Greed, Lack of Knowledge Blamed for Dot-Com Demise, Study Finds
The study asked: "Who should shoulder the blame for the downturn roiling the technology industry?"
Of 2,096 American respondents who said they were aware of dot-coms' financial woes, 67 percent said they blamed "irrational exuberance" for the steady decline in Internet stocks, while 56 percent thought flimsy business plans were to blame.
Only 38 percent of Americans cited "youth and inexperience" of the people who ran Internet companies in the early 1990s as the reason for the industry's downturn. Most research concludes that it was common during the early Internet boom for only a few workers at a dot-com to be older than 35.
"I thought more people would blame youth," said John B. Horrigan, senior research specialist at the Pew Internet and American Life Project. "Americans generally have an encouraging attitude toward youth going out and taking a risk. But given all the stories of 25-year-olds with big houses and several cars, I thought people would get annoyed. For the most part, they didn't."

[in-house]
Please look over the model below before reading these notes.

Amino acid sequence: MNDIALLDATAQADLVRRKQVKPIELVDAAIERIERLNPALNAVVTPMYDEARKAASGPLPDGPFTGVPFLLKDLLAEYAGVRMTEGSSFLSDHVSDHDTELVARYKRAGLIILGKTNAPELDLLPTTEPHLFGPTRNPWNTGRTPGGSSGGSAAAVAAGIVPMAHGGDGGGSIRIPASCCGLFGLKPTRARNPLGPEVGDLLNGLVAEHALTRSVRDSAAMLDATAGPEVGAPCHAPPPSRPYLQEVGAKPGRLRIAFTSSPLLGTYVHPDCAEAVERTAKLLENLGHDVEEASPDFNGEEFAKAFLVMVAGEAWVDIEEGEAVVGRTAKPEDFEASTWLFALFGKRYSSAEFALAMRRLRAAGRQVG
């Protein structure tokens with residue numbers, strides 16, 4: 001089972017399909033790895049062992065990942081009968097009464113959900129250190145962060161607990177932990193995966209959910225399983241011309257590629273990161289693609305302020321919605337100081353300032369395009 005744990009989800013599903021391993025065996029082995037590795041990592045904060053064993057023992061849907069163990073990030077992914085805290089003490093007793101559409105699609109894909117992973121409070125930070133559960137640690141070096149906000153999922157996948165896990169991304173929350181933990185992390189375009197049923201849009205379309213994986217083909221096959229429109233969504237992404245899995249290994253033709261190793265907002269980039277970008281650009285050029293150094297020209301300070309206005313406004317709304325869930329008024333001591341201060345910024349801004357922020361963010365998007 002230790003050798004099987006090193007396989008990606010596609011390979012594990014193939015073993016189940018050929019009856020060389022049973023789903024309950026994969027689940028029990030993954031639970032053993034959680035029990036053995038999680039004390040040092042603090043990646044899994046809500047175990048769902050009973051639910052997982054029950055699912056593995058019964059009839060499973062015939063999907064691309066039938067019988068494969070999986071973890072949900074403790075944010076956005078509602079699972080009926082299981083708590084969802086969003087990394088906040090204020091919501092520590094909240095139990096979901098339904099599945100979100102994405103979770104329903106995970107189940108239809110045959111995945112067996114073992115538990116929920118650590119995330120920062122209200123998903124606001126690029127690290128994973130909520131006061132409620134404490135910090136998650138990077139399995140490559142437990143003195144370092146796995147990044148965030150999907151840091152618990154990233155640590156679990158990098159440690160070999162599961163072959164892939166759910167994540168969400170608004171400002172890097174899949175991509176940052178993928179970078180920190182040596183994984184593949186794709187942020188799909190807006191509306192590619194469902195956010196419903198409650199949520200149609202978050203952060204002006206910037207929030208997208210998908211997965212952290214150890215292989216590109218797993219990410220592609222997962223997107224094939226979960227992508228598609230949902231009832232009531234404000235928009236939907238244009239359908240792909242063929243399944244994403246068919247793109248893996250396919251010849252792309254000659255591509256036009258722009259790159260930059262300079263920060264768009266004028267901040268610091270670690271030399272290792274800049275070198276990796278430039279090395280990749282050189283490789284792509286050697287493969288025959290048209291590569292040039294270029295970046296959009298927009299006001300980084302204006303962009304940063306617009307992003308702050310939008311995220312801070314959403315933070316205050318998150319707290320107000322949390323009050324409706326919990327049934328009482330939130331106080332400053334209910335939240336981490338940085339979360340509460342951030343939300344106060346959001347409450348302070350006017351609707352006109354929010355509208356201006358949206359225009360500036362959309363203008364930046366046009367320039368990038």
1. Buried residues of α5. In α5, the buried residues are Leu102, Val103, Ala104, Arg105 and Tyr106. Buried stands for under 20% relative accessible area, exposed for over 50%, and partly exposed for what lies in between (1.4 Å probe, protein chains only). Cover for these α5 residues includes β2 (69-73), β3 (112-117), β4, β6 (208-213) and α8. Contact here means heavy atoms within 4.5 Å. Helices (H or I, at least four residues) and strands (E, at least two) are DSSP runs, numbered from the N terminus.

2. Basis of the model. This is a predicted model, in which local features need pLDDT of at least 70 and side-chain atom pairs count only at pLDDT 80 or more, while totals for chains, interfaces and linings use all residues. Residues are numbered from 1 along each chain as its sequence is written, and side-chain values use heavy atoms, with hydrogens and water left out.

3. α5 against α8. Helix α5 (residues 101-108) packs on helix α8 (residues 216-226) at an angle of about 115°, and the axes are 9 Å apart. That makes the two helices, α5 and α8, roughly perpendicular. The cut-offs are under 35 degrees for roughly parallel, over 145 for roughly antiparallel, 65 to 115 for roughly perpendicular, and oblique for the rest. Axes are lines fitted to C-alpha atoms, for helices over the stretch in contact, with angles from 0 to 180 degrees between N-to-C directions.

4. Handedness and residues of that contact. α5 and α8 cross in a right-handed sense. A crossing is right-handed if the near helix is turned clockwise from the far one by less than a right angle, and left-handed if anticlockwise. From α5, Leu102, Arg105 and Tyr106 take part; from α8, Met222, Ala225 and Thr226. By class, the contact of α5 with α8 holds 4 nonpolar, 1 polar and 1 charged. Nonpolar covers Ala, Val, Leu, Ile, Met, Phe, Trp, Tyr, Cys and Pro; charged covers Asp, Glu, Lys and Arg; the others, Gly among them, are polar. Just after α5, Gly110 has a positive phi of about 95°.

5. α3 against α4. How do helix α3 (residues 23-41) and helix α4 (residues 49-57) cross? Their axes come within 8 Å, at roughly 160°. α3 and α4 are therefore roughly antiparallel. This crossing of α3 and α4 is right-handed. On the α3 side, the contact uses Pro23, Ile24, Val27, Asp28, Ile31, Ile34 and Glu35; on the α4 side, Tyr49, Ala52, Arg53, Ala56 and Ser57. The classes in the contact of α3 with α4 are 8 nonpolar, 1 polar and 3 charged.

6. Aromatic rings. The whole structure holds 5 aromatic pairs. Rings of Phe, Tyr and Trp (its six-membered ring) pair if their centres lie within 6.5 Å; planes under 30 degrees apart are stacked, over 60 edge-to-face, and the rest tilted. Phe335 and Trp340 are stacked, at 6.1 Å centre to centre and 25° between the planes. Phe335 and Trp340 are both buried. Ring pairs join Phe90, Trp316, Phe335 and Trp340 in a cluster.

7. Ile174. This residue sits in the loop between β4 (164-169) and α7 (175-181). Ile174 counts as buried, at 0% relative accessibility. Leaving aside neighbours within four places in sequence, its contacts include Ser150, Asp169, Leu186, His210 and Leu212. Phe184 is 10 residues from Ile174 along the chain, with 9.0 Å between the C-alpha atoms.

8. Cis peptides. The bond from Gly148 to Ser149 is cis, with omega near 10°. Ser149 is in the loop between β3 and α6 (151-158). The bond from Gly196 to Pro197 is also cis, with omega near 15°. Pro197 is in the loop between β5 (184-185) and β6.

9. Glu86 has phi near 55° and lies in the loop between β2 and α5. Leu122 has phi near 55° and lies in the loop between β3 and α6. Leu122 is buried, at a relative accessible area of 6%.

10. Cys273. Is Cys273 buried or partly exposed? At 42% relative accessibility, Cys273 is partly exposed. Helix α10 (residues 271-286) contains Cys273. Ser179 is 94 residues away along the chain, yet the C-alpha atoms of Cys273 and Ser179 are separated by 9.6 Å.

There were exceptions, however. About 44 percent of respondents older than 50 cited youth and inexperience as the primary causes of the problem, compared with 34 percent of respondents between ages 18 and 29.
In addition, two-thirds of all respondents said they have heard of layoffs, closings or falling stocks of Internet companies as a result of the crisis. About one-third of respondents added that they have followed the story in the media closely.
Only 7 percent of Americans said their family has lost money in a dot-com investment; 8 percent of Web users have seen one of their favorite sites vanish during the fallout, and 9 percent know someone who has been the victim of a dot-com layoff. That means the developments have personally affected about 31 million Americans, the study concluded.